CHA-CHING, 2008/2009 School and Village Budgets


In The Schools

Board of Education members were expected to vote on Superintendent Dr. Kathleen Matusiak’s $50. 6 million proposed budget at their meeting on April 15.

imagesIf approved, residents will go to the polls on May 20 for an up or down vote.

The $50,583,424 spending plan is up $2,151,306 from the previous year – a 4.44 percent increase. To support this budget, officials must raise $45,244,248 in school taxes. To do this, residents would pay $565.93 per $1,000 assessed valuation. Therefore, an average assessed homeowner would pay $11,318.60 or $884.20 more than last year. This represents an 8.47 percent increase in the tax rate.

"The tax rate has gone up considerably more than the budget," said Jim Reese, assistant superintendent for business and facility management, "because of a decrease in assessed valuation – which drives the tax rate up – and because of an increase in debt service due to several settlements on tax challenges, or certioraris."

The biggest line item increase is in the category of instruction, which went from $26.1 million to $28.2 million. "A half million of that is due to five special education students coming into the district who will require special services," Reese said in an interview. The other component includes annual salary increases.

However, several new positions, including a middle school math teacher, a part-time gym teacher and four lunch aides, were added by making reductions in other areas, such as one less high school science teacher, two less elementary school teachers and one less attendance clerk.

Matusiak said nobody was fired, explaining that positions were shifted or employees had retired. "This year, the good news is that we’ve saved some money – over $200,000," Matusiak said in an interview. While in the past, employees were required to contribute a small fixed sum towards their health benefits, this year they are required to contribute 8 percent to the premium. Next year, they must contribute 10 percent. Teachers’ contracts are up for renegotiation in June 2009.

If residents reject the budget on May 20, the School Board could present a contingency budget that would be $390,000 less than what is currently proposed. Residents must also choose a candidate to fill one vacancy on the School Board. At press time, Robyn Kerner, an incumbent, was the only person who had filed a petition to serve on the Board. But Matusiak said two other people had requested petitions, and they have until April 21 to file them with the district.

As a formality, residents must also vote to approve $627,781 in-state-funded "Excel Aid" for various construction projects, which would include replacing the gym floor and bleachers as well as the public address system and fire alarm system at Main Street School. Residents might see an impact of $20,000 for the construction because the school would need to pay interest on a bond since it wouldn’t receive the state funds until later.

In the Village

Irvington Village Trustees unanimously adopted a $14,271,000 budget for the 2008-09 fiscal year at their meeting on April 7.

The spending plan, up $314,000 from the previous year, would be sustained by raising $11,758,000 in taxes.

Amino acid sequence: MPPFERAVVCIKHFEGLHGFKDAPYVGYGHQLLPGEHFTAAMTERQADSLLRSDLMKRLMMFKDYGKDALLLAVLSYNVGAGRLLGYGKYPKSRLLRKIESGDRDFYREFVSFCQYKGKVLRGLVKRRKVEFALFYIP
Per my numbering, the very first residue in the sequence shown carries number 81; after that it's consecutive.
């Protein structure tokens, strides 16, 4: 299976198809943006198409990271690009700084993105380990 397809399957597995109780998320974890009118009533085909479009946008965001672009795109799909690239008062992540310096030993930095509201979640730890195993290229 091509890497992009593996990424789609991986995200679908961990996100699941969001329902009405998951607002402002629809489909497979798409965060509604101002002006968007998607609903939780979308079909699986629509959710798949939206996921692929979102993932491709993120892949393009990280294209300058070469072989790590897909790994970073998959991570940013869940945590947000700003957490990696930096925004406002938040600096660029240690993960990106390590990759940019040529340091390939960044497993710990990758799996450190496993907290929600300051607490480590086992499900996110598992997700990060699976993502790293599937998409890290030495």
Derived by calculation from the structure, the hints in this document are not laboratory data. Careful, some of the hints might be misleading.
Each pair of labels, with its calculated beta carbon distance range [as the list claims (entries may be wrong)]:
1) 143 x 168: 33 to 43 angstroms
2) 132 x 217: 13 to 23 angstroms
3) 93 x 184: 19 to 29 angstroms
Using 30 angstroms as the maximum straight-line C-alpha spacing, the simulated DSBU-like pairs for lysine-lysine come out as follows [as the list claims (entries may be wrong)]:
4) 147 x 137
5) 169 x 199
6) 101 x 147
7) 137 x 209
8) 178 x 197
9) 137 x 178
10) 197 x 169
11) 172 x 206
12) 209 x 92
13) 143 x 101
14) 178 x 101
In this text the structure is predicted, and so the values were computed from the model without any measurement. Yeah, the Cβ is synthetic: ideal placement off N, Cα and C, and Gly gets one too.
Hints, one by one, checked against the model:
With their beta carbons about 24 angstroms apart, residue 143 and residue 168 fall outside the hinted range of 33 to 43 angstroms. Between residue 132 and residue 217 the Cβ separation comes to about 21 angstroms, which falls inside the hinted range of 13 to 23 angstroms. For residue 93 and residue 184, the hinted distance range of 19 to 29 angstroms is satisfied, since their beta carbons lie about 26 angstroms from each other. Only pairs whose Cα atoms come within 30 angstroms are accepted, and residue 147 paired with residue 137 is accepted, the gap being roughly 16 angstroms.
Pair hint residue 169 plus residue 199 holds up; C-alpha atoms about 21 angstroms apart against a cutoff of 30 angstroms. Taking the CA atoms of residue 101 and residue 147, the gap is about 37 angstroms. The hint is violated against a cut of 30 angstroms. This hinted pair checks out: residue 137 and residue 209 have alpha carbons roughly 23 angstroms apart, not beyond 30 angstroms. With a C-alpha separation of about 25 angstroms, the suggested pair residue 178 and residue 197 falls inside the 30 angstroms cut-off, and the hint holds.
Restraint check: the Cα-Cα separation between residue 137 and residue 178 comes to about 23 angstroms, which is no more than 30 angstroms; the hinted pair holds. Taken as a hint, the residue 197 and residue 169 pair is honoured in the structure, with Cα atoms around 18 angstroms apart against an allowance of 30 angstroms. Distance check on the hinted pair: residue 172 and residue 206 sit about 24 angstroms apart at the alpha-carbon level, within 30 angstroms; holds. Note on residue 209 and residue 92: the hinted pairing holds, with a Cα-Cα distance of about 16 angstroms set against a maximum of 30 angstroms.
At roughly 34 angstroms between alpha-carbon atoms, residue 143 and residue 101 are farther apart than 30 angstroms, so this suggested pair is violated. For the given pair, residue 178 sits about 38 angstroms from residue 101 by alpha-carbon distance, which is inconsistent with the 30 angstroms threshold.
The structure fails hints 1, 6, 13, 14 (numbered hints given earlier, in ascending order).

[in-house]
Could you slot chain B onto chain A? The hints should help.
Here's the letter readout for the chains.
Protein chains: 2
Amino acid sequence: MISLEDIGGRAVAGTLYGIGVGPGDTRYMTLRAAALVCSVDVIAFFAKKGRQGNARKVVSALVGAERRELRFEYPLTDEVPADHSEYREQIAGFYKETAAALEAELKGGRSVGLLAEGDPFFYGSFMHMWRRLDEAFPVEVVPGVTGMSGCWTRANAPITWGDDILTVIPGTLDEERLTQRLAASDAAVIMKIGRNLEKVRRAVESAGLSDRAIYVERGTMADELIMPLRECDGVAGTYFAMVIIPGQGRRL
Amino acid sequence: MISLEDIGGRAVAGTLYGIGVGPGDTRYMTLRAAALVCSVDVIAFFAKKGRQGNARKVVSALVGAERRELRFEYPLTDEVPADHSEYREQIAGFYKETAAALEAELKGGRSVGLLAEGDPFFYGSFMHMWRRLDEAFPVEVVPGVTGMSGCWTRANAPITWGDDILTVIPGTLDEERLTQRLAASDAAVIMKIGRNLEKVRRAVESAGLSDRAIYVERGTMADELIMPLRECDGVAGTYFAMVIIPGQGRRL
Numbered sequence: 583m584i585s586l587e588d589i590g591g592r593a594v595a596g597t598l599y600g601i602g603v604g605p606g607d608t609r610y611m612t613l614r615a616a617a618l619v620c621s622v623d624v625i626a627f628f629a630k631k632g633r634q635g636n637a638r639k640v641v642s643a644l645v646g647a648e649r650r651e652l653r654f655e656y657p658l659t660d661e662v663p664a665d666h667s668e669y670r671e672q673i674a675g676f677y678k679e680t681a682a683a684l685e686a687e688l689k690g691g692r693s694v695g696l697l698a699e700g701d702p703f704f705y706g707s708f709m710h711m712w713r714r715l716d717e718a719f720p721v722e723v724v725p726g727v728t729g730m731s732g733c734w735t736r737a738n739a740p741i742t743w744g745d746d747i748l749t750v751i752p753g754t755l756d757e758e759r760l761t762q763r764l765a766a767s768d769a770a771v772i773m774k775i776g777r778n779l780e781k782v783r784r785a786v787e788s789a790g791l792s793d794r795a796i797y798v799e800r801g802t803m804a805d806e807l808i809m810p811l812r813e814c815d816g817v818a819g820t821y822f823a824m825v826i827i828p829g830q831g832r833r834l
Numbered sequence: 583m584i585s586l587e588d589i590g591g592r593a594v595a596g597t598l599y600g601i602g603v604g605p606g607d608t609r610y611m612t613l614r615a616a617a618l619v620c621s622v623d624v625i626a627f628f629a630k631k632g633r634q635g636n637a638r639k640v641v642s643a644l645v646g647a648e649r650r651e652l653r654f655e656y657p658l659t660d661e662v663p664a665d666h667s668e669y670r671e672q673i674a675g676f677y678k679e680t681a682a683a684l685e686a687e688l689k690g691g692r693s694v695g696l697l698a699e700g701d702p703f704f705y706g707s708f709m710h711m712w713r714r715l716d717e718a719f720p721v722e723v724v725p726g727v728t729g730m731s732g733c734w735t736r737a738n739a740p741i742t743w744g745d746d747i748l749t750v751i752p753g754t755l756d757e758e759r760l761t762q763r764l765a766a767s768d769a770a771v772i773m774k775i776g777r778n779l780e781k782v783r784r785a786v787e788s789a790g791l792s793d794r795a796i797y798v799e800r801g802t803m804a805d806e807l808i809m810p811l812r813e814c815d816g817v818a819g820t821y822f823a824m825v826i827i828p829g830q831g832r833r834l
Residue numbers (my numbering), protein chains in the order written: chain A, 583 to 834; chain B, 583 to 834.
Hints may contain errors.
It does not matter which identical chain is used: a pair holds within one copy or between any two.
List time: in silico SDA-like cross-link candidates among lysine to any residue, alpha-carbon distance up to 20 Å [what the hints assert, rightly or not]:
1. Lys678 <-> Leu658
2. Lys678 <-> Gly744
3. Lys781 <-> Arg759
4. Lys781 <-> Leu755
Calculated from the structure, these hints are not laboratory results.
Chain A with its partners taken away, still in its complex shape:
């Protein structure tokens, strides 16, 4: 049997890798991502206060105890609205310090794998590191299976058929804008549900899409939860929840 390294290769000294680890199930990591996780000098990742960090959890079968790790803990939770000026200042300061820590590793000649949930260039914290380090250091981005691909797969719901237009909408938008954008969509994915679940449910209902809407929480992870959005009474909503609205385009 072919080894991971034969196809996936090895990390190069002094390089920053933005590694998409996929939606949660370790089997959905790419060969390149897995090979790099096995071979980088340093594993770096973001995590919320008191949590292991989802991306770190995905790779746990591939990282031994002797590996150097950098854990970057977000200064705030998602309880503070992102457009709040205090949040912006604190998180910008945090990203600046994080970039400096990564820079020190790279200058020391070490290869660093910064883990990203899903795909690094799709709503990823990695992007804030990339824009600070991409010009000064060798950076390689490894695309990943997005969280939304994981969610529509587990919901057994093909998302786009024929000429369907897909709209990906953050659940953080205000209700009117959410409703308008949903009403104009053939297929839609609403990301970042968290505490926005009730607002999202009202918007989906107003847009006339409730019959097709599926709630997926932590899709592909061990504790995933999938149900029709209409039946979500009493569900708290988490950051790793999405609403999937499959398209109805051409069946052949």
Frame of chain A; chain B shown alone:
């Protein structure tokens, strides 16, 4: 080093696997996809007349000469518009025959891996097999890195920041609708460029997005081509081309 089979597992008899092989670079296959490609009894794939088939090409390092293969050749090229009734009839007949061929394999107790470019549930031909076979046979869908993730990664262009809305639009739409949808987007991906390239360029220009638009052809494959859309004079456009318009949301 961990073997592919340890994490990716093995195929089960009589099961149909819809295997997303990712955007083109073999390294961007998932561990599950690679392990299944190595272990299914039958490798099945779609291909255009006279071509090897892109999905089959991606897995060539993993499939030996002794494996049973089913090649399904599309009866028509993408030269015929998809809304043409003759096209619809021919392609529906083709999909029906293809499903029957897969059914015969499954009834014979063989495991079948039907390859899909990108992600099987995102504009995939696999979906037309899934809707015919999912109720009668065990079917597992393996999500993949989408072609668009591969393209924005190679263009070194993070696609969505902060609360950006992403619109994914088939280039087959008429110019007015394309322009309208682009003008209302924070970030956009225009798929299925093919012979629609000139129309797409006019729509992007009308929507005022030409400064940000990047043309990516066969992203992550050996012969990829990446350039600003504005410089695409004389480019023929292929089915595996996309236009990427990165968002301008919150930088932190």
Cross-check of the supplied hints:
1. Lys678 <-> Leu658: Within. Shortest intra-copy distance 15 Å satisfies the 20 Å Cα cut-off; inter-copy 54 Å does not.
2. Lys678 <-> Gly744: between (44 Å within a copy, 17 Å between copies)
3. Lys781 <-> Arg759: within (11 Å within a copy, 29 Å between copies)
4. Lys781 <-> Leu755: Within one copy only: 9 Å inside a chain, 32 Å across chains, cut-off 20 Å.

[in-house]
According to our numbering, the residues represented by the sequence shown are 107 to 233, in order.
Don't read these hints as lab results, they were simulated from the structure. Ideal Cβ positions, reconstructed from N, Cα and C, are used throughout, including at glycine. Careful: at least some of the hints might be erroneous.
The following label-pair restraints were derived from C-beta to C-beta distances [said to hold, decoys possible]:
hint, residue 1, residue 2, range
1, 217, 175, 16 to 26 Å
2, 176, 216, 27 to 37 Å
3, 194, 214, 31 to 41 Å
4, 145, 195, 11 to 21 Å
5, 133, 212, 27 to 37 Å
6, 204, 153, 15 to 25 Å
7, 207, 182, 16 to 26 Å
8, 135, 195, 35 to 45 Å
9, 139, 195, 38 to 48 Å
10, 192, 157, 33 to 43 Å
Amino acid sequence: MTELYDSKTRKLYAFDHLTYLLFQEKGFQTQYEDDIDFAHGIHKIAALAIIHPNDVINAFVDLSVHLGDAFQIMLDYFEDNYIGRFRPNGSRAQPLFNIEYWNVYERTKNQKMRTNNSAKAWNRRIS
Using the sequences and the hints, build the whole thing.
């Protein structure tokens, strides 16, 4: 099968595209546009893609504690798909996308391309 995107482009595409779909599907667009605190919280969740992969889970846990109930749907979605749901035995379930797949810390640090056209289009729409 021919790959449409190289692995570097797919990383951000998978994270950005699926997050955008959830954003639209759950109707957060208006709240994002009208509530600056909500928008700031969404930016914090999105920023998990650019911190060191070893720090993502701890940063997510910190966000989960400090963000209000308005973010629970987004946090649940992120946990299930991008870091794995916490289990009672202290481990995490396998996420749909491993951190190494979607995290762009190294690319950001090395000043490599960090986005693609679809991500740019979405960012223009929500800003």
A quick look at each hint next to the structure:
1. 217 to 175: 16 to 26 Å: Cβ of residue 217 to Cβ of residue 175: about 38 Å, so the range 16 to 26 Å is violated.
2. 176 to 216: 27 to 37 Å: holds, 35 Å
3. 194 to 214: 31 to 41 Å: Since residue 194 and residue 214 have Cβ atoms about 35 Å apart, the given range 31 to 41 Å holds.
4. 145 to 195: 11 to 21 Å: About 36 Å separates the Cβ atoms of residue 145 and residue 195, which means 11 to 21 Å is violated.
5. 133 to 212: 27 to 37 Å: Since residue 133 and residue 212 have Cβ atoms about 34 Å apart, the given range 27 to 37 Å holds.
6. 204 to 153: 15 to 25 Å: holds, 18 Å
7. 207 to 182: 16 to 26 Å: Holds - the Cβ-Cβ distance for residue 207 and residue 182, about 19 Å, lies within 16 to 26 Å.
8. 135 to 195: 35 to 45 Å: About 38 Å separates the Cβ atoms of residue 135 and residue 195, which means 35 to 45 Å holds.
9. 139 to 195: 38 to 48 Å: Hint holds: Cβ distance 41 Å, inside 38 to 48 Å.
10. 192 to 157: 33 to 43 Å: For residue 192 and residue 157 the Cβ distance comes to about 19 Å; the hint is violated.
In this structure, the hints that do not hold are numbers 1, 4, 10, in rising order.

To do this, residents would pay $244.36 per $1,000 of assessed valuation. This means that a resident living in an average assessed home would pay $4,887.20 in Village taxes, an increase of $120.20 from the previous year, or 2.52 percent.

One of the major increases in the budget includes an additional $184,920 in debt service from the previous year for a total of $1.5 million. Village Administrator Larry Schopfer said in an interview that the rise in debt service was due to capital expenditures adopted in the fall.

These costs included:

• Police car at a maximum of $31,500

• Sanitation truck at a maximum of $197,500

• Street sweeper at a maximum of $141,500

• Dump truck at a maximum of $118,500

• Replacement of doors at the library at a maximum of $7,500

• Repair of catch basins at a maximum of $35,500

• Repair of sidewalks at a maximum of $35,500

• Repair of curbs at a maximum of $35,500

• Repair of storm water drainage system at $35,500

• Two pick-up trucks with satellite body and plow at a maximum of $37,500 for each

• Two pick-up trucks with plow at a maximum of $32,500 for each

• Radio equipment for the police at a maximum of $35,500

• Renovation of stage rigging for the theater at a maximum of $30,500

• Video projector for the theater at a maximum of $10,500

But in exchange for these capital expenditures, employees were asked to make cuts to their annual departmental budget requests. These cuts were evident when looking at the line items, which had several budgets identical to last year, and there were even several reductions.

One such cut was a $72,582 reduction in the police budget this year. This was also due to an expected retirement of a high-ranking officer, who would be replaced by an officer with a lower rank. The Fire Department and the library are also receiving slightly less than last year.


Irvington residents living in the average assessed home of $20,000 will likely pay about $1,000 more in combined school and village taxes in the 2008-09 fiscal year for a total of $16,205.80. On average, an assessed home is 3.16 percent of the market value.

While Village Trustees already had approved their spending plan in a unanimous vote on April 7, the School Board’s budget remained tentative at press time.

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About the Author: Brett Freeman